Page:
Instead of thinking that our way of doing things in Britain is exceptional – when we start planning our future trade relationship we trust our friends and allies. And why? Because we know they want the same things we want.

Back in the New Labour era, the journalist Clive James slapped down those people who had begun to bemoan the fact that socialism had gone the way of the dinosaurs:

“Two similar parties are divided only by their proposed methods of achieving the same ends, there is a sharp answer. Those are the only politics worthy of the name, and we are very lucky to live in an epoch where they prevail.”

It was, in other words, that we’d decided roughly what we wanted as a society, and that platitudes weren’t enough. In order to succeed in politics, you needed evidence-based policies. Policies had to show they achieved their ends. The debate was about whether they did achieve those ends.

The difference between parties in a democracy and trading partners is that you cannot simply elect the latter. Sometimes you can wait for their citizens to unelect them or, as in the case with the EU, you’re forced to accept static positions by removed, and weakly democratic Commission officials.

This static response has been stifling innovation in areas like agriculture; this has led the EU to accept some bizarrely anti-scientific positions. That’s the case on GMOs, on pathogen reduction treatments, on the recent CRISPR ruling, and on hormone treatments. Yes, the scary chlorine chicken. So scary that it’s akin to the levels on your prepackaged salad. Easy headline fodder, but so safe that when the Guardian’s George Monbiot tried to deride it, the paper had to issue an apology to the Adam Smith Institute.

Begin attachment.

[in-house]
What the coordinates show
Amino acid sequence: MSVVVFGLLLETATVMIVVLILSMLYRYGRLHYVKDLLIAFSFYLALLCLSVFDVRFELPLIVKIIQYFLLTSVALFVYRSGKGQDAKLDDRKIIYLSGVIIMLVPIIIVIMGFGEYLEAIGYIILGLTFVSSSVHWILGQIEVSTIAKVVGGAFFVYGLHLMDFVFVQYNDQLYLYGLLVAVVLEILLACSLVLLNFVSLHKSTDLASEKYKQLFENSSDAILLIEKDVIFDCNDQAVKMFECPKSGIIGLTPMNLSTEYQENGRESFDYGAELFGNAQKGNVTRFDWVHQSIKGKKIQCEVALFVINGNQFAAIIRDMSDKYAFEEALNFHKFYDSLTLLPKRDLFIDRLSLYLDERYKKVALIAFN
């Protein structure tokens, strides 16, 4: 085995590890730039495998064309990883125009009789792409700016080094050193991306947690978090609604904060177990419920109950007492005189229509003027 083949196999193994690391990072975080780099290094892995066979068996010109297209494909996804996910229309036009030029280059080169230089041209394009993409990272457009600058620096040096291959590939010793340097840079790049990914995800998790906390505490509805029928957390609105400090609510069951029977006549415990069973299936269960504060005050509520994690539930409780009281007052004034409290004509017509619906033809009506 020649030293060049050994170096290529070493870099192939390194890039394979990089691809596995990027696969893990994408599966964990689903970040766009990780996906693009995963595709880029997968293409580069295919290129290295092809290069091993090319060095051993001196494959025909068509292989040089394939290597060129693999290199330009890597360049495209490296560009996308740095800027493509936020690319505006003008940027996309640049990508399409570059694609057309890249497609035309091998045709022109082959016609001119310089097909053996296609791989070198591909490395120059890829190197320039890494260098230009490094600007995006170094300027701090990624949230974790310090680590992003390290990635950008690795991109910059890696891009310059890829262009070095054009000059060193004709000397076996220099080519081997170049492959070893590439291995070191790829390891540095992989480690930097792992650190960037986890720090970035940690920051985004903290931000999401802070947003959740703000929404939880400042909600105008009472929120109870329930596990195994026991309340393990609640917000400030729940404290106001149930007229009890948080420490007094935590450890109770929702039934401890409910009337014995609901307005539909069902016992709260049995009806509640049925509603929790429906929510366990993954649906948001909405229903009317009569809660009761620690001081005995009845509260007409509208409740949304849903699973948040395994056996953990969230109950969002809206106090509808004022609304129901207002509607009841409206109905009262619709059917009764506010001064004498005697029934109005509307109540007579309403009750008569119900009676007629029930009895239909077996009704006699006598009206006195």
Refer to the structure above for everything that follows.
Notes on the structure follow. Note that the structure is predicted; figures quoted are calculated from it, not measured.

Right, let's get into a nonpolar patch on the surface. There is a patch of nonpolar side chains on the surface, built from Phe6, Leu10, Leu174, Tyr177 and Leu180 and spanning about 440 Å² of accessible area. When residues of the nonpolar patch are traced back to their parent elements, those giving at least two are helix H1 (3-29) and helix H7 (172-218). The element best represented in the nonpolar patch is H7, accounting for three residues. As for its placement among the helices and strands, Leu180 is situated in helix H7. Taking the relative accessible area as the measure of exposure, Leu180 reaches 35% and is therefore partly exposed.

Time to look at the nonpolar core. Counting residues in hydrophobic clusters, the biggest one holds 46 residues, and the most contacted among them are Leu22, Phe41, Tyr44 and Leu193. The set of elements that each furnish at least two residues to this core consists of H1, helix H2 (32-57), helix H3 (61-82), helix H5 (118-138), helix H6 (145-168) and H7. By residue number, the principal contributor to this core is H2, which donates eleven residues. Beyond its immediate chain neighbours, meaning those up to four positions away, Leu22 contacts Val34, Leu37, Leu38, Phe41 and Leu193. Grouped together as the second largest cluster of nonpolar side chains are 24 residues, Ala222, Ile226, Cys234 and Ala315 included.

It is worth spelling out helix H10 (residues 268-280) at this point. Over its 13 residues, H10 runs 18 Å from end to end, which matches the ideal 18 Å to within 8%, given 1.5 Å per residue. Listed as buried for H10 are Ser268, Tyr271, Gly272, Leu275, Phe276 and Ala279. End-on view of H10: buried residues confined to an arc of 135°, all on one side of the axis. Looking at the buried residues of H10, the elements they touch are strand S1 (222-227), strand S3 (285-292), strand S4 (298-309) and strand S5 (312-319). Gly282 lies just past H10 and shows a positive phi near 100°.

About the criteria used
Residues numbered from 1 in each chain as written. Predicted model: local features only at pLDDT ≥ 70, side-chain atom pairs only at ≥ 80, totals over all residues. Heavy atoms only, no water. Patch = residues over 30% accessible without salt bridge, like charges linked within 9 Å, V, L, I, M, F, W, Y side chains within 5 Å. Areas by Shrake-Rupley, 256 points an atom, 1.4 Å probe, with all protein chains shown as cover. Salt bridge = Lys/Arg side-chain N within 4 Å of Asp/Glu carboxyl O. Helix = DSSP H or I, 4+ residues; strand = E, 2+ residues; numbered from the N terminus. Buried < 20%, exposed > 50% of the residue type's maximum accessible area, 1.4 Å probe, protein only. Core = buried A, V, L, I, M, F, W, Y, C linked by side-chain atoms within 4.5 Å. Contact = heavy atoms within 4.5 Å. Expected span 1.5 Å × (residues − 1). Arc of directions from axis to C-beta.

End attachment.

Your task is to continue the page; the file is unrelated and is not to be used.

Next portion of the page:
It’s easy to understand how the harmonisation model came about. When the EU was first forming it was bringing radically different economies together. Germany and France, the Benelux and Italy. Different standards, different proposed outcomes, different political systems, languages, cultural norms. The single market dragged them together. This hasn’t stopped. The development levels of the ex-Communist countries, the accession of post-dictatorship Portugal, Spain, and Greece. Each of these states were markedly different from countries next door. Simpler to squeeze them together than accept difference.

For the US, EU and UK of today, however, the aims of each set of legislators is often the same. The same could be said of Japan, Australia, Israel and Canada. Often it’s to keep citizens safe (why we have fire retardation for clothes and sofas), to keep our environment clean (we ban pollutants), and to ensure we aren’t being poisoned (why cancerous foodstuffs are squeezed out). David Marsh might have been talking about punctuation when he said in the Guardian that “The American Way” and the “British Style” are not so different – but he hit the nail on the head for trade too.